New Privacy Commissioner guidance on information sharing

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The Privacy Commissioner has published a guide for multi-agency teams on sharing personal information when working with families and vulnerable children.

The new guidance is designed for health and social service agencies and their staff. Sharing information involves both the collection and disclosure of personal information.

The brief guidance, Sharing personal information of families and vulnerable children: A guide for inter-disciplinary groups, includes:

  • a discussion of consent
  • a 5-step escalation ladder to evaluate the need to share information when it's not possible anonymously
  • when and how to use a memorandum of understanding
  • a number of scenarios 
  • information about relevant legislation (Privacy Act 1993, Health Information Privacy Code 1994, Health Act 1956, Children, Young Persons and their Families Act 1989 and international law)

The escalation ladder is also available as a stand-alone infographic.

For more help with information sharing see the Privacy Commissioner's website.

Also see the previous NZFVC story on the Approved Information Sharing Agreement (AISA) on what information government agencies can share about children at risk of harm and their families. 

Related information

The following resources caution against focusing on discrete "incidents" of violence, or exclusively on physical violence.

The Family Violence Death Review Committee's 2016 report notes:

"A pattern of harm

When it is appreciated that IPV [intimate partner violence] is a pattern of harmful behaviour that belongs to the abusive person (not the relationship) and is bigger than the incidents of physical violence that occur on any particular occasion, a number of shifts automatically take place in our thinking.

  • While any particular incident of physical violence might appear 'low-level', it is appreciated that it cannot be properly understood without being viewed in the context of the abusive person’s entire pattern of behaviour. This includes other acts of physical violence, as well as controlling and coercive behaviour that do not involve physical abuse – the bigger dynamics in the pattern of abuse.
  • Any episode of violence must be placed in the context of the person’s patterns of abusive behaviour in previous relationships. This involves both appreciating that such information is relevant and being able to access it. Work is underway to rectify the fragmentation of information in some parts of the system – for example, greater information-sharing between the family and criminal justice systems, the police and the courts.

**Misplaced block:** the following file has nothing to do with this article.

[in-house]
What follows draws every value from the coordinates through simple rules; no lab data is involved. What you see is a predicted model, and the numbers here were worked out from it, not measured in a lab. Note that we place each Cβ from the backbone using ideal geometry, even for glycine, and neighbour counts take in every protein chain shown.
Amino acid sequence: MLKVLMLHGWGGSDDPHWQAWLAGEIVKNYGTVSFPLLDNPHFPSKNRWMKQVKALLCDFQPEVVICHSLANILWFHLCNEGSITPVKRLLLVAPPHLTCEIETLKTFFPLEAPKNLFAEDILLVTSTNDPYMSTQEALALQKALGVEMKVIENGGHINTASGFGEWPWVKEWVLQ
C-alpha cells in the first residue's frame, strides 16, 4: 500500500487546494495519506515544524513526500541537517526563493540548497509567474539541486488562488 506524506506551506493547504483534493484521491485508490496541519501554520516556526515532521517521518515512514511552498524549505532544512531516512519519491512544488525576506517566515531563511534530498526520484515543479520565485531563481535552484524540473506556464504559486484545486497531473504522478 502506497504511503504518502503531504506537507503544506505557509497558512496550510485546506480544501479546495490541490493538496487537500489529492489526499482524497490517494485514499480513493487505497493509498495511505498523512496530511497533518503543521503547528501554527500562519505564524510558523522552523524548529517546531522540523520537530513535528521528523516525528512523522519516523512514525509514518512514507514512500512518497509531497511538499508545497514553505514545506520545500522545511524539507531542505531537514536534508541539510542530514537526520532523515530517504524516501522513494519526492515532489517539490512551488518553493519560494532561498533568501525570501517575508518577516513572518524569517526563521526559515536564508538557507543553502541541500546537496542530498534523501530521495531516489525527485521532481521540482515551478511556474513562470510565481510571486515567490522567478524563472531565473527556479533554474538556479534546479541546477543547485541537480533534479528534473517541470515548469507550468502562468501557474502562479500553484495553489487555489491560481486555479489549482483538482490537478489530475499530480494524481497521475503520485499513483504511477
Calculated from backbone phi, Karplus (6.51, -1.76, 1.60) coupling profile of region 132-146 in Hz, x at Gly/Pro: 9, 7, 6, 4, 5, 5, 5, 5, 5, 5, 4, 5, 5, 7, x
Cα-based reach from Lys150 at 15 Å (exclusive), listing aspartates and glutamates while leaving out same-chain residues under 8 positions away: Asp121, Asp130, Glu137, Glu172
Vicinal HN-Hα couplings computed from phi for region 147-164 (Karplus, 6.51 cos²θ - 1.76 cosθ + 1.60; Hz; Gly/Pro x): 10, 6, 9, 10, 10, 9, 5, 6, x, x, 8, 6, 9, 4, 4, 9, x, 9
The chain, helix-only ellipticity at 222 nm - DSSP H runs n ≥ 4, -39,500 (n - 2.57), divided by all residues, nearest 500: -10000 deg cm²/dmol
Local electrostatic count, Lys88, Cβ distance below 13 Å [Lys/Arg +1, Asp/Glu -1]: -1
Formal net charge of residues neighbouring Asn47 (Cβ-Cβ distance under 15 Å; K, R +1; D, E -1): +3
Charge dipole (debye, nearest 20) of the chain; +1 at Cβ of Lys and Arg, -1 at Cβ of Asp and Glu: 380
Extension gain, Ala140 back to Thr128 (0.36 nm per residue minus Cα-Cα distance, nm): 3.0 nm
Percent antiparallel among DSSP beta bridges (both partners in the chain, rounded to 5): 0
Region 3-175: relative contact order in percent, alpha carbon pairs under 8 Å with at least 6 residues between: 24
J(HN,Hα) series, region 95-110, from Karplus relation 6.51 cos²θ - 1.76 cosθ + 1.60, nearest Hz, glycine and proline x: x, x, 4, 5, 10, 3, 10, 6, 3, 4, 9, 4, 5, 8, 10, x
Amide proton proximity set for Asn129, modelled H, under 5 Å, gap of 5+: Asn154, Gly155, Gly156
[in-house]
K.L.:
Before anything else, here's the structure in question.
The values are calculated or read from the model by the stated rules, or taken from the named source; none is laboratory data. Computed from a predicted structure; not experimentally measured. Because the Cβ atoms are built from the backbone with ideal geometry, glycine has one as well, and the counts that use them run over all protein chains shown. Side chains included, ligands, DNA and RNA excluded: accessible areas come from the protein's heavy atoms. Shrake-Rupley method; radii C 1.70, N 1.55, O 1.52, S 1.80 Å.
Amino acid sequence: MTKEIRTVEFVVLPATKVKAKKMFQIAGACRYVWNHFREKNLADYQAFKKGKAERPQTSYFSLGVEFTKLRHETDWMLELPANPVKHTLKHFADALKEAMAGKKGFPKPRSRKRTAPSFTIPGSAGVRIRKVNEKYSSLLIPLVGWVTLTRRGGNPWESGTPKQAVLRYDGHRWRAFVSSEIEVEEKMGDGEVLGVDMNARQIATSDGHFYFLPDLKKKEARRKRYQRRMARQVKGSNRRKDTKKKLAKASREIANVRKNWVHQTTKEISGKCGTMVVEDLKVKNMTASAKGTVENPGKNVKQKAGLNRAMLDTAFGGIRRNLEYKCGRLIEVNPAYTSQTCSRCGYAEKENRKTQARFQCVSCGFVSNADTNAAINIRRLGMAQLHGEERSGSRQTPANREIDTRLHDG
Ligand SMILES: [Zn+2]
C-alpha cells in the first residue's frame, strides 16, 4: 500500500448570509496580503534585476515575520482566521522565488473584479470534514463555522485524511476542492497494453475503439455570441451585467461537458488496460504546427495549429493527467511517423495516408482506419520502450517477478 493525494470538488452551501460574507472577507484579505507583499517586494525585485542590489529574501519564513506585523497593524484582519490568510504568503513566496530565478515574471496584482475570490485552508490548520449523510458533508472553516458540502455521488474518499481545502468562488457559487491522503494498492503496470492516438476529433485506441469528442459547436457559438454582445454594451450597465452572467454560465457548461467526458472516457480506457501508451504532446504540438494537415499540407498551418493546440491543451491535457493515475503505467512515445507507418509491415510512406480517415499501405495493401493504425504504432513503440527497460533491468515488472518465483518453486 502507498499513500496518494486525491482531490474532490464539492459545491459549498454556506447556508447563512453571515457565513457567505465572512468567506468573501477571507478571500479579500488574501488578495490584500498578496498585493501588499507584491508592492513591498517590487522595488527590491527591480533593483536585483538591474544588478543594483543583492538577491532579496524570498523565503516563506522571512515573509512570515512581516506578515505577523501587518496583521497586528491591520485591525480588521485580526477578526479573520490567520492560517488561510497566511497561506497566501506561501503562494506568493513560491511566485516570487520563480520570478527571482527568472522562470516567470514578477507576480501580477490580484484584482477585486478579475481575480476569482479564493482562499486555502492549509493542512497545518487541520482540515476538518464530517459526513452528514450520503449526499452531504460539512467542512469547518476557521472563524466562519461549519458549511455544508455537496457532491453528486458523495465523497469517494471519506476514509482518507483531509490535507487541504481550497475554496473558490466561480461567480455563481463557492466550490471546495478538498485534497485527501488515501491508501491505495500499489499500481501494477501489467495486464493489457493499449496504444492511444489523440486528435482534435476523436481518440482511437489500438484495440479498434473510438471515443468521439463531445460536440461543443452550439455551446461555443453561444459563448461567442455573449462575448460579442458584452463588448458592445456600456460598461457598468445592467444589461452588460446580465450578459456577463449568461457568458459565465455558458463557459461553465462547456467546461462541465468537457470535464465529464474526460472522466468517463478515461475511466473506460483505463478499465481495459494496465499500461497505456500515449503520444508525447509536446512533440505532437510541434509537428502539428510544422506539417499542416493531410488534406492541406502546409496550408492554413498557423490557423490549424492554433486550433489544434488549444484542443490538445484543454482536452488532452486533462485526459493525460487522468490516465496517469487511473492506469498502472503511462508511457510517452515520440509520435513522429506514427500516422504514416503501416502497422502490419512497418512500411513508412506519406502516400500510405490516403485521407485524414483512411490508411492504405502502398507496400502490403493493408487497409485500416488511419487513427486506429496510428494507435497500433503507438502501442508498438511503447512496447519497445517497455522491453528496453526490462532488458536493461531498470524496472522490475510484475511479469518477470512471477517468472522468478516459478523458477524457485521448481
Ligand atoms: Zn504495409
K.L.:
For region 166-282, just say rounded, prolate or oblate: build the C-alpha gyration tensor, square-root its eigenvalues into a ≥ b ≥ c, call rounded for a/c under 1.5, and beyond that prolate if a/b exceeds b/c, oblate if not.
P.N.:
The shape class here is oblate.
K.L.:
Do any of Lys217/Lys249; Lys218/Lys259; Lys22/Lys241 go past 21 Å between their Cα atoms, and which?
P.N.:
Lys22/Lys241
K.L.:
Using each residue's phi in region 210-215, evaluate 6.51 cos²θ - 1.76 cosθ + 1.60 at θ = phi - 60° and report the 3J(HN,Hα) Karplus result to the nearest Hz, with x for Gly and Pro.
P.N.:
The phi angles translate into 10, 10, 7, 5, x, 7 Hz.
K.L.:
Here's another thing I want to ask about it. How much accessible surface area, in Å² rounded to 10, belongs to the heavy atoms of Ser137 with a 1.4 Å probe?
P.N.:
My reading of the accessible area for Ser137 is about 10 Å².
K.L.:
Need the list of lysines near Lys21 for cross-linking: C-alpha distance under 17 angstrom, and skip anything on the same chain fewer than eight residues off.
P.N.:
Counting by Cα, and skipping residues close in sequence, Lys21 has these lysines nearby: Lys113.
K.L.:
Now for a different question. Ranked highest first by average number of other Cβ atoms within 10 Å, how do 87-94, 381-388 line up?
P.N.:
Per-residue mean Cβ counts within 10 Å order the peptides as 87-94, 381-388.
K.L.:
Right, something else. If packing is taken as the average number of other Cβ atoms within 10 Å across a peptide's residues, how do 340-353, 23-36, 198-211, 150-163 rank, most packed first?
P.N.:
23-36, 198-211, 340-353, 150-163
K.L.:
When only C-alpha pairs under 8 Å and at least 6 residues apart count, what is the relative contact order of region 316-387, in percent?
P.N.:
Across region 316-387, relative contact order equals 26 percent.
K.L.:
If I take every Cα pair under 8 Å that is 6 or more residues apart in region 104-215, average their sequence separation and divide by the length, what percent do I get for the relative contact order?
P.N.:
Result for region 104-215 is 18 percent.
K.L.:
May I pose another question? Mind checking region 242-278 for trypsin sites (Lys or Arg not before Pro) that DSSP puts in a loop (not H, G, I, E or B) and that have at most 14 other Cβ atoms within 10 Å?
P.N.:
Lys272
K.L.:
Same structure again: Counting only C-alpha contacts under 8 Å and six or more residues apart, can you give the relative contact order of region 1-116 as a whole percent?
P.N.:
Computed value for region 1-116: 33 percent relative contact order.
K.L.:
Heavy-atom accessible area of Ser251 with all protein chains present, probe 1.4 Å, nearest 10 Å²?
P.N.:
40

• For the victim, a violent episode is unlikely to be experienced as an 'incident'. As noted by Domestic Violence Victoria, 'For the majority of women experiencing family violence, it involves an escalating spiral of violence, rather than a one-off incident.'62" (p.36)

Evan Stark (2012) writes:

"Throughout the world, with a few exceptions, the legal and policy responses to domestic violence are typically built on a violence model that equates partner abuse with discrete assaults or threats. Implicit in this response is the assumption that the severity of domestic violence can be assessed by applying a calculus of physical and  psychological harms to particular assaults. Based on this model, programs focus only on victims’ immediate safety. Laws target violent acts; batterer intervention programs (BIPs) seek to 'end the violence;' public education campaigns highlight dramatic injuries or fatalities; and child welfare agencies emphasize how children are harmed by 'exposure to violence.' Assessment instruments designed to predict 'dangerousness' consider few abusive tactics other than physical and sexual violence (Campbell et al. 2003).

However, a growing body of research shows that the form of subjugation that drives most abused women to seek outside assistance is not encompassed by the violence model and that, therefore, interventions predicated on this model are ineffective in protecting women and children from this type of abuse. These women have been subjected to a pattern of domination that includes tactics to isolate, degrade, exploit and control them as well as to frighten them or hurt them physically. This pattern, which may include but is not limited to physical violence, has been variously termed ‘psychological or emotional abuse, patriarchal or intimate terrorism (Tolman, 1992; Johnson, 2008), and coercive control (Stark, 2007), the term I prefer." (p.3)